Five days after our son Beckett was born, he was diagnosed with Trisomy 21, also known as Down syndrome. Those first few days were filled with sadness, fear and questions….the unknown is very frightening. Beckett is almost three now, and he’s healthy, loving, smart and kind. Everyone who meets him falls instantly in love. We knew nothing about Down syndrome but we quickly became experts, as did our family and friends. We didn’t know anyone with Down syndrome, now we know lots of people. Beckett changed a lot of things for us, all for the better.
Here are a few facts about Down syndrome:
- Individuals with Down syndrome have an extra #21 chromosome—the medical term is Trisomy 21.
- Children with Down syndrome have some physical, intellectual and emotional developmental delays.
- Children with Down syndrome may also have other medical conditions.
- Down syndrome is not related to race, religion or socio-economic status.
- Children with Down syndrome share more similarities than differences with other children. They learn, laugh, play and want friends, just like all children.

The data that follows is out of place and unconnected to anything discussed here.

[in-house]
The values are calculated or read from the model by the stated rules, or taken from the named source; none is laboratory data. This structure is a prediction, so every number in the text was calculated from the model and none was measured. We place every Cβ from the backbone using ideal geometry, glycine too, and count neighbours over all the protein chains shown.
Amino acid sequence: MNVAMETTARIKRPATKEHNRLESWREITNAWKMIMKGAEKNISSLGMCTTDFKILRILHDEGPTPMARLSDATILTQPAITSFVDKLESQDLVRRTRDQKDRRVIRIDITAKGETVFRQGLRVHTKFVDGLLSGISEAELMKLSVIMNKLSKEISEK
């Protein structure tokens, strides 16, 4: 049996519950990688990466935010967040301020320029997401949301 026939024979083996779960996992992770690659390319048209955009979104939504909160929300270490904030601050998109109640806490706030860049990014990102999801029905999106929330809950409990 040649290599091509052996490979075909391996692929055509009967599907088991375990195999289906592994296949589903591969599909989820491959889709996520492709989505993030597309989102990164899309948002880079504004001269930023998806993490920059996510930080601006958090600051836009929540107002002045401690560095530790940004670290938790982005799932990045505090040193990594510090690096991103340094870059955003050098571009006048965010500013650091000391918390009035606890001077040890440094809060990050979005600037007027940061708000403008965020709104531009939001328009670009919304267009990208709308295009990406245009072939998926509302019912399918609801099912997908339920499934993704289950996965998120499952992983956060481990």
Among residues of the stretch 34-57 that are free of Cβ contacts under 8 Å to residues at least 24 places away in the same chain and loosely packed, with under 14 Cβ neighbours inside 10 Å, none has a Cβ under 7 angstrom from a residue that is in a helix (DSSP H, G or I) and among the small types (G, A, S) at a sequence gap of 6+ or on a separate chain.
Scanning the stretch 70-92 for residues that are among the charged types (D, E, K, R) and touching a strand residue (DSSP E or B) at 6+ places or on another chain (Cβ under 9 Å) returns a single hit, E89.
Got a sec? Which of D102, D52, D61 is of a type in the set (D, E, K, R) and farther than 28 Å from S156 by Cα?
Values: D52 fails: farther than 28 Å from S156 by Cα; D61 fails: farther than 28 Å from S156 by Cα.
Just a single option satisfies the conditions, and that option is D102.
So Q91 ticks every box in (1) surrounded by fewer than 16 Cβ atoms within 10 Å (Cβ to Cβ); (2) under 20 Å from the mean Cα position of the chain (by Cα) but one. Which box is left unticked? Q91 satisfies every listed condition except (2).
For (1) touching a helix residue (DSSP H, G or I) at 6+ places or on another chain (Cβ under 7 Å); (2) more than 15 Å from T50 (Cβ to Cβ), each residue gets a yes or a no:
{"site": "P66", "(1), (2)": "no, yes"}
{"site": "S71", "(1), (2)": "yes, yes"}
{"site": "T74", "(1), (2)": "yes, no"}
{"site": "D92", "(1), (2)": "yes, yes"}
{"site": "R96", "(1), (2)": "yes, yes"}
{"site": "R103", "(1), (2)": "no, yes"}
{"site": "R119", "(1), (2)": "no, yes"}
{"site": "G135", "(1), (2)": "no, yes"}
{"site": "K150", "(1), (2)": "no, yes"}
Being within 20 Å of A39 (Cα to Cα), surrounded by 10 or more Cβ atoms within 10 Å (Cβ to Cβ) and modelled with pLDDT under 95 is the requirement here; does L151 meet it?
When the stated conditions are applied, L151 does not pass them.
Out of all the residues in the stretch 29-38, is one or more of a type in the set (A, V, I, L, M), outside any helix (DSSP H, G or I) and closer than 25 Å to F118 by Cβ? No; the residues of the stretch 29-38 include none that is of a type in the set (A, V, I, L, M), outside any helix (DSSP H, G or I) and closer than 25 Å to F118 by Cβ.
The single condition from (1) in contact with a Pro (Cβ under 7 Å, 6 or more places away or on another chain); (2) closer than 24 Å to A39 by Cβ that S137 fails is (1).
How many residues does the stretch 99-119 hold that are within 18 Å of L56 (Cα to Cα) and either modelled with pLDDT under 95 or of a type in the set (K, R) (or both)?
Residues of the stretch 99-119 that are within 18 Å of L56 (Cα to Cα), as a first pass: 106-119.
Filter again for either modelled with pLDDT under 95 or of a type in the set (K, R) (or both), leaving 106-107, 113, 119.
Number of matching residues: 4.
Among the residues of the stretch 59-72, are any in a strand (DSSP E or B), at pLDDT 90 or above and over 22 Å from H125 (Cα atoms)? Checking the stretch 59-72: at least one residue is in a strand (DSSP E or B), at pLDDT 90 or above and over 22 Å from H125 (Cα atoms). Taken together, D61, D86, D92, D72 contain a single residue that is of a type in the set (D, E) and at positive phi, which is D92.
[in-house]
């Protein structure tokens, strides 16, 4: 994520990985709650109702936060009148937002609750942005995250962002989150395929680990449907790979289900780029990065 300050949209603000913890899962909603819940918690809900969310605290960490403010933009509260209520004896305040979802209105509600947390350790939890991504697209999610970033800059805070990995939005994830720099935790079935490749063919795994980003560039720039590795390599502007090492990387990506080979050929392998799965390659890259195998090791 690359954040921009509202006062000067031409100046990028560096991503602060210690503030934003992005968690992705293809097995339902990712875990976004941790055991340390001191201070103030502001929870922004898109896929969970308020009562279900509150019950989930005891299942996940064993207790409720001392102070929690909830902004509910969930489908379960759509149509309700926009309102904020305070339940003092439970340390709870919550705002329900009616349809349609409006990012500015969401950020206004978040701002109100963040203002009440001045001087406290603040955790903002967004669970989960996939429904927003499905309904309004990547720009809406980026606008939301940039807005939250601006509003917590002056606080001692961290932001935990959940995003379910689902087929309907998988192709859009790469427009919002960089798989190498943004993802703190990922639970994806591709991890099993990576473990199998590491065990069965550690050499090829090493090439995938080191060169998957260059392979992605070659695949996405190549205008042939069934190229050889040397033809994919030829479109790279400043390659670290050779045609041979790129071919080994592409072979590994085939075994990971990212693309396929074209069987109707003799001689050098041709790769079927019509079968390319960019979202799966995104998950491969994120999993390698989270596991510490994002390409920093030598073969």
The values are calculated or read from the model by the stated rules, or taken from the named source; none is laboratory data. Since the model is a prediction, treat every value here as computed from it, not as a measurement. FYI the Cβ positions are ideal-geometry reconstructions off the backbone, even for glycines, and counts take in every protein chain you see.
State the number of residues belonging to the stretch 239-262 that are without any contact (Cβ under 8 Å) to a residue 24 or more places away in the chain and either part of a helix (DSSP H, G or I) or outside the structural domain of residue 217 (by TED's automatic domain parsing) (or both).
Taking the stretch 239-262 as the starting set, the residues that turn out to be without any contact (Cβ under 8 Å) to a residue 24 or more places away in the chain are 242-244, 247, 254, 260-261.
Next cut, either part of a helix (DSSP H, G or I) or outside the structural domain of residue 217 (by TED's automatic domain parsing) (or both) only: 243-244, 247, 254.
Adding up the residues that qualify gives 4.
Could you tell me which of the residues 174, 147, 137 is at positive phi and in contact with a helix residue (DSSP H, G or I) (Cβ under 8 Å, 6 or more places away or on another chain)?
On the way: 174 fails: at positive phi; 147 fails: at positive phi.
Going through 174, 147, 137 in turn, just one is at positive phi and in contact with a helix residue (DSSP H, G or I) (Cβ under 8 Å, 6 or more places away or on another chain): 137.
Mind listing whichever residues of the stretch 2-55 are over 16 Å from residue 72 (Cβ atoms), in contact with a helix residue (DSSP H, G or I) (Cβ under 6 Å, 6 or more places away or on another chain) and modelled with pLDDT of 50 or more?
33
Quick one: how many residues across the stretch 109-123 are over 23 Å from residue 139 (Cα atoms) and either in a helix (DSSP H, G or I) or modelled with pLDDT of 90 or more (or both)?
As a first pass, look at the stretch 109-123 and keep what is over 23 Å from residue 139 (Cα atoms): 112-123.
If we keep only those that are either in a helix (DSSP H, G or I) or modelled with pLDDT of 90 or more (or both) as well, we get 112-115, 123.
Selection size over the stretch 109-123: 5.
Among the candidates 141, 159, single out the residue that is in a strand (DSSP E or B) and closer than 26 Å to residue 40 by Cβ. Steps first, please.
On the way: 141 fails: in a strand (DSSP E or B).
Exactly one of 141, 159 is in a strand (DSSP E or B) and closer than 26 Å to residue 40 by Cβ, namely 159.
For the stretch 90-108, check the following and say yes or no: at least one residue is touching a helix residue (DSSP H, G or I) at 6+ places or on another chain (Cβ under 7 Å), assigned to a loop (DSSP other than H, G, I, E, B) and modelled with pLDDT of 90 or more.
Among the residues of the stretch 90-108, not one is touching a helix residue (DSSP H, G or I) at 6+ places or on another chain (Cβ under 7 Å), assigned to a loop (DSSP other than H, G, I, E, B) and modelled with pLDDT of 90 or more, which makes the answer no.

- Individuals with Down syndrome benefit from loving parents, early medical and educational attention and positive public attitudes.
- Children with Down syndrome have a full complement of emotions and attitudes, are creative and imaginative and grow up to live independent lives with varying degrees of support and accommodations needed.
Here are some things that really irritate me:
- Use of the word “retarded”, especially when used to insensitively describe something stupid.
- The term ‘Downs kids’—they are just children who happen to have Down syndrome.
- People who say: ‘They’re such happy people’. I’d like to think that my child being happy is because we love him, not because he has an extra chromosome.
- People who assume and don’t ask questions. Trust me, parents are more than happy to have a thoughtful discussion about their child.
We’re all vulnerable to challenges; no one is immune, no one lives a perfect life. My dreams for Beckett are the same dreams you have for your child. I want him to be happy and healthy—I want him to be everything he wants to be. When I look at Beckett and Zoë, I feel so much love and happiness. My children hold my heart—nothing makes me happier.
Tagged under: Down syndrome
Similar Related Posts:
- October 17, 2017
Telling Women to Speak Louder Isn't The Only Thing We Need In Order to Change the 'Me Too' Script
We need to stop putting the emphasis on the victims and start putting it on the perpetrators. But how?